There are homages to other films throughout The Sopranos. Christopher shoots a bakery clerk in the foot, recollecting a similar incident in GoodFellas, when Michael Imperioli played a waiter in a tavern who himself was shot in the foot by Joe Pesci's character. The bakery clerk screams, "You shot my foot!" As he walks out the door, Christopher says, "It happens," a sly reference to his character in GoodFellas. Tony seeks out further therapy with a male therapist decked out in blue jeans, Western tie and cowboy boots. Tony uses a pseudonym to avoid recognition, but Dr. Hopalong is not fooled: "Mr. Spears … I watch the news like everyone else. I know who you are. And I saw Analyze This. I don't need the ramifications that could arise from treating someone like yourself." Tony pleads with him: "Analyze This? Come on, it's a f------- comedy!" The writers of The Sopranos know that life imitates art and vice versa, and they use this device with great flair.
In The Sopranos, art also imitates life. The nicknames "Big P----" and "Little P----" were taken from actual gangsters from the 1940s. Jerry Adler's character, Hesh, was based on a Jewish record producer in the 1950s who was reported to have had connections with the Gambino family. The blowing up of Artie's restaurant, Vesuvio's, paralleled a mob incident in Providence, Rhode Island. A hit was planned at the Providence establishment, so the restaurant was torched to avoid adverse publicity.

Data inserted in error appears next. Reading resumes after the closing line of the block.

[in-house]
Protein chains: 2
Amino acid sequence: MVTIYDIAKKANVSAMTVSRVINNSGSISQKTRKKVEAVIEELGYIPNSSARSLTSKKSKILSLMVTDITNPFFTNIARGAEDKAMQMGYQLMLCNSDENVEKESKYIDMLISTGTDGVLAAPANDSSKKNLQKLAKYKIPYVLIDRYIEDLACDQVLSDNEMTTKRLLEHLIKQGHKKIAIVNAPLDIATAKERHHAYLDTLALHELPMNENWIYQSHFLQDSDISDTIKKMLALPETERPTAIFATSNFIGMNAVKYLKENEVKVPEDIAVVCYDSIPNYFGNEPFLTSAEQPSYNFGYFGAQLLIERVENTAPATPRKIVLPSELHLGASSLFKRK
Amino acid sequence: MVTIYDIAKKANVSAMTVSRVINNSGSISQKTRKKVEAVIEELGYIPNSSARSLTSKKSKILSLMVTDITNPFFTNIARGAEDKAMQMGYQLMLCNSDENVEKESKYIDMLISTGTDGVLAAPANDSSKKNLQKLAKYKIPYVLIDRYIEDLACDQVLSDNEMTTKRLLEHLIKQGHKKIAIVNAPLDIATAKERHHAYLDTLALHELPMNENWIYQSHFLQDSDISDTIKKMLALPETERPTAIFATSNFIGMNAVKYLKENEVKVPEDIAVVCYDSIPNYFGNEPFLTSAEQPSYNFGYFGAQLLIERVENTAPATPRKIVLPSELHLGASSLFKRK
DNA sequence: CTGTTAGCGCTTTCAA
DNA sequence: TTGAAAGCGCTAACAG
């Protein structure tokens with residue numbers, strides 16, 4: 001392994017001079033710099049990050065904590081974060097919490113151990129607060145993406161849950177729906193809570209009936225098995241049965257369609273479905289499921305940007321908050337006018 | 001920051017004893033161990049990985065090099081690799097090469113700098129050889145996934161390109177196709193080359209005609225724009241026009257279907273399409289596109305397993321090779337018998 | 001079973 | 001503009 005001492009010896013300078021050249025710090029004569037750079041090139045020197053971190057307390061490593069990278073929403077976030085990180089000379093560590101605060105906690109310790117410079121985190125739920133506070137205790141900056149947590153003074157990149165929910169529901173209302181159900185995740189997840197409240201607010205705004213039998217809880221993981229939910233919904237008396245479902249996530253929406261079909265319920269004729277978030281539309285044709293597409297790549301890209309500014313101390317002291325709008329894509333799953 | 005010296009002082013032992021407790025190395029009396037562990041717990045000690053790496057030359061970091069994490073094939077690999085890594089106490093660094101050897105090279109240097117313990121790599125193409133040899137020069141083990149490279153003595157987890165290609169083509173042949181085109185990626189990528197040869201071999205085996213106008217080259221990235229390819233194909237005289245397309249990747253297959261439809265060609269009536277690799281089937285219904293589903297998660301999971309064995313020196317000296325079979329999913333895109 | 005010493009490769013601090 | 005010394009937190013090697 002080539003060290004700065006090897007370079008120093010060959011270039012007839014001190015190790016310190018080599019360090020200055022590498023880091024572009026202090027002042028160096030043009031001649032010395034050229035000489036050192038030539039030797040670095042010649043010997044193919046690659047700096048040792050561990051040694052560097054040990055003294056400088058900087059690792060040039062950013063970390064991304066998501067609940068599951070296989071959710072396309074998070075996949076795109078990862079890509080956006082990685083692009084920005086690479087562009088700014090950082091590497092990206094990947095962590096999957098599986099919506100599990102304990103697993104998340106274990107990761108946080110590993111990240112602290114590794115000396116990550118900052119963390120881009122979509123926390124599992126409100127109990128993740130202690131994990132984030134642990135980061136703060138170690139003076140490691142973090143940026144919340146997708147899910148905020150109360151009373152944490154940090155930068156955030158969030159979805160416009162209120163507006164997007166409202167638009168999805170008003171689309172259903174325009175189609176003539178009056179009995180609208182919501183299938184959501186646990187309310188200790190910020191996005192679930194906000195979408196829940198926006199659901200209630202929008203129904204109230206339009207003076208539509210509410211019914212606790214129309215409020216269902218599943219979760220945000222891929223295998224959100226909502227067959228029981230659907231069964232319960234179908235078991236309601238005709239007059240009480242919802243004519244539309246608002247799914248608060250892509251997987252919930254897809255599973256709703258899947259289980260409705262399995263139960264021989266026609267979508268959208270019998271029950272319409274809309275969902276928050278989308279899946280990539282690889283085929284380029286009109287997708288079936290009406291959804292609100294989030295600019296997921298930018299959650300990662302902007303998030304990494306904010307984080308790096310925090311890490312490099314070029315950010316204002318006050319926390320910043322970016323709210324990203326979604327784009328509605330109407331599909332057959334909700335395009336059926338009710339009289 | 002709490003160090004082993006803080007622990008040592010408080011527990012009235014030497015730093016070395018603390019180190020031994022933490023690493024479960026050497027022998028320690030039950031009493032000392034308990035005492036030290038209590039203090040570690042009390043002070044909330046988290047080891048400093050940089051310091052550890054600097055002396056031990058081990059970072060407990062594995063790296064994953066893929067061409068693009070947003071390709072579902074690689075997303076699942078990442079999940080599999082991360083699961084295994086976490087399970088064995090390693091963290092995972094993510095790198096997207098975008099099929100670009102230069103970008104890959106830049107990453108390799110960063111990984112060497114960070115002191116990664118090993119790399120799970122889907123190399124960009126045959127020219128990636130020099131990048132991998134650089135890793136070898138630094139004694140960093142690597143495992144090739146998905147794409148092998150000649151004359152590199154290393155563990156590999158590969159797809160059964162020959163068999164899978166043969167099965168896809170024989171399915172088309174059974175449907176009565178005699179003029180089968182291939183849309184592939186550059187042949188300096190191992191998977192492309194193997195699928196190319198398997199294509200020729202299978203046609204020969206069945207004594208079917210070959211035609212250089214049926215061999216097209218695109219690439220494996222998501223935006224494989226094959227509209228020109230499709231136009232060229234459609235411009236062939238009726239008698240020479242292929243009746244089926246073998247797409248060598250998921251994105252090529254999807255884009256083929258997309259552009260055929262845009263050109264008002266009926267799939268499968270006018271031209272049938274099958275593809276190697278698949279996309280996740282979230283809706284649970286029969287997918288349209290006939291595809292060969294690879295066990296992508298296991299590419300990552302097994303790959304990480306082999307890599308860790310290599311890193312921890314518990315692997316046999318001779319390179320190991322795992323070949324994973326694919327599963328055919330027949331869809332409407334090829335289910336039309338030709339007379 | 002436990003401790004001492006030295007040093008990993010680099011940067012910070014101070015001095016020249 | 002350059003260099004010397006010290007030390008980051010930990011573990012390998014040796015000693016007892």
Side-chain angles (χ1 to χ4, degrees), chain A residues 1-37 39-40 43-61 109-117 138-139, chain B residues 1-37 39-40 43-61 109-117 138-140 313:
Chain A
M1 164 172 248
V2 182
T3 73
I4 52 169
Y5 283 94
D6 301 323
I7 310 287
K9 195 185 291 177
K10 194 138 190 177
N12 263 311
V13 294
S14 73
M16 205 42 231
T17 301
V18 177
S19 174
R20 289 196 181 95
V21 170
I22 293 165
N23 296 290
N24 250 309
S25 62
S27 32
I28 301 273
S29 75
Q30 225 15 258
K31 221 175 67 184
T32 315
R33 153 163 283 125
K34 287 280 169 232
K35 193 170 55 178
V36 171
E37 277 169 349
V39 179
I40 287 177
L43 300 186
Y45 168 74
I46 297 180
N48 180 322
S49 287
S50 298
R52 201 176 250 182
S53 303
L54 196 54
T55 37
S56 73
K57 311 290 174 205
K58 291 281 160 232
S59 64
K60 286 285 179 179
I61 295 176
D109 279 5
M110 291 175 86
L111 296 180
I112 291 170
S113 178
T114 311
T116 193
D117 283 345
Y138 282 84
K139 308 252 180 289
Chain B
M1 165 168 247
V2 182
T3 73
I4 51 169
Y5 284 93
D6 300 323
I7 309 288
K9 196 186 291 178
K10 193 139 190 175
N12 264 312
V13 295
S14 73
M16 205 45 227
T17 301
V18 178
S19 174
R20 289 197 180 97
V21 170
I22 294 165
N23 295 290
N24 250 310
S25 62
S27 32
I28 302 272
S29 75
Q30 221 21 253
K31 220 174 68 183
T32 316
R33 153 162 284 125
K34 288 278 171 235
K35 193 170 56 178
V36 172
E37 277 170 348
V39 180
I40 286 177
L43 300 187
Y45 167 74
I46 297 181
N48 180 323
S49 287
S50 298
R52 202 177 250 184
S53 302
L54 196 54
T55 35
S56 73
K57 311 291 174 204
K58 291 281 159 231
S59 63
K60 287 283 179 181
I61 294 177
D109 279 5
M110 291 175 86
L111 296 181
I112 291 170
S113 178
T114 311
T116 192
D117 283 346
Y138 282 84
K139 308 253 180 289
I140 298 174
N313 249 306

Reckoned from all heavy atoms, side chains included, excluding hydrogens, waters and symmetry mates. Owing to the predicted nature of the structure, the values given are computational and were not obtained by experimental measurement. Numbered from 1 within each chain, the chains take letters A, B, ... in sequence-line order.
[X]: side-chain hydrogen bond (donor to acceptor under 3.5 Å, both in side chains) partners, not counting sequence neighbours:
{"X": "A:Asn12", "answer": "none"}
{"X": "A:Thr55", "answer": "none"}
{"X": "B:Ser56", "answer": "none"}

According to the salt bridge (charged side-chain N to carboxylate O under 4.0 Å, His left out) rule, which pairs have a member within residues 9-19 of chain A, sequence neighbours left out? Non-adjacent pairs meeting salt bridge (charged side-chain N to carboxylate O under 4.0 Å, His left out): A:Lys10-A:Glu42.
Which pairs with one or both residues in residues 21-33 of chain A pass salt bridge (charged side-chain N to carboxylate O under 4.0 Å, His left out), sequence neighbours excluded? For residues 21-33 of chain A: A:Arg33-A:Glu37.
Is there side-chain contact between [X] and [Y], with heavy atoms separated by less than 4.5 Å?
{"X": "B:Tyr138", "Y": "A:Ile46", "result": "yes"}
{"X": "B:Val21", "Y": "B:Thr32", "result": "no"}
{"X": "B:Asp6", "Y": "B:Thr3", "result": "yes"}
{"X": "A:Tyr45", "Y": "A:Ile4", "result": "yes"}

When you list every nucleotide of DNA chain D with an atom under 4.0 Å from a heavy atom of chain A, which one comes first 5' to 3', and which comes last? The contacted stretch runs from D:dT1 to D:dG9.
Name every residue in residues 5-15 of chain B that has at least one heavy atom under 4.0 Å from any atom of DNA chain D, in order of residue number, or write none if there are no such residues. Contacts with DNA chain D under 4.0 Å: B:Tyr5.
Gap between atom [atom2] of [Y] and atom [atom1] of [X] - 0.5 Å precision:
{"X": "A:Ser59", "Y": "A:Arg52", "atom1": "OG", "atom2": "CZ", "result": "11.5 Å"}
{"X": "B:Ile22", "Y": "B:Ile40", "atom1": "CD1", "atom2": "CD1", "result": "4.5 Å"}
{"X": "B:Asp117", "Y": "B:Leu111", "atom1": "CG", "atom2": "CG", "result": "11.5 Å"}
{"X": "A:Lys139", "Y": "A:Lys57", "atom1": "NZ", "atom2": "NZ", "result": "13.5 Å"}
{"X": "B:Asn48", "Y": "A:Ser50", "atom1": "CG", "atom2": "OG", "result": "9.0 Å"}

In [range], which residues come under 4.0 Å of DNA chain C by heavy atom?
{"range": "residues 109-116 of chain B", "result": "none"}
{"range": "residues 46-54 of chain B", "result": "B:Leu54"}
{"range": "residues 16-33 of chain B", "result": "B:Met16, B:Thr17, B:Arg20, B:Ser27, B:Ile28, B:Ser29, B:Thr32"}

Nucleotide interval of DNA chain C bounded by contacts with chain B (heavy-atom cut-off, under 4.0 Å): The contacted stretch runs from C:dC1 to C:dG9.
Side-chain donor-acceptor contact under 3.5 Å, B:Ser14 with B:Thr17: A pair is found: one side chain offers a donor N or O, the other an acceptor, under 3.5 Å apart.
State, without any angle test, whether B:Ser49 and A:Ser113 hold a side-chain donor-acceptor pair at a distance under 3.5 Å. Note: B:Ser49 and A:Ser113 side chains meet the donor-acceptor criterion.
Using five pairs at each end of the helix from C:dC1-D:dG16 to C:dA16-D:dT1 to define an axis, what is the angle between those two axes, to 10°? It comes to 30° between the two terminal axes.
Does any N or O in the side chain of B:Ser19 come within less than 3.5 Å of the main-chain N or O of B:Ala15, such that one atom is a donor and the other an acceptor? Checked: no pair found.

The writers are particularly fascinated with the role that film plays in how the mobsters form their identities. Christopher is a frustrated screenwriter, and the more he learns about screenwriting, the more he senses that his life falls short of the mobsters he sees in the movies. Over and over again he laments that while every character in the narrative of a film has "an arc," he himself has no arc.
During the second season, Christopher becomes obsessed with a film Jon Favreau is making on the streets of New Jersey and serves as a de facto consultant after he shows up on the set and advises the director on the proper use of indigenous slang for female genitalia. Favreau and his assistant Amy (Alicia Witt) listen intently to Christopher as he tells about a colleague of his who was getting a blow job from a gorgeous woman, only to discover the "she" is a "he." Amy chimes in: "Crying Game." Favreau corrects her sternly: "It's a true story." Although life is like a film in some ways, it's not the same thing. Christopher's stint as technical advisor is less than auspicious, however, and he returns to his humdrum existence as a foot soldier in Tony Soprano's army.
In one of the more amusing scenes, we see Dr. Melfi at home with her parents and her son, Jason. For reasons that are not clear, her ex-husband is also present at the dinner table. She has let slip that she is treating a Mafia don, and her ex-husband gets on his soapbox about the stigma attached to being Italian American. He tells her that five thousand Mafia members give a bad name to twenty million Italian Americans. To his surprise, his son Jason jumps to the defense of the stereotype, pointing out that Italian mobster movies are classic American cinema like Westerns, giving iconic and mythic status to Italian gangsters. Jennifer's father agrees with his grandson.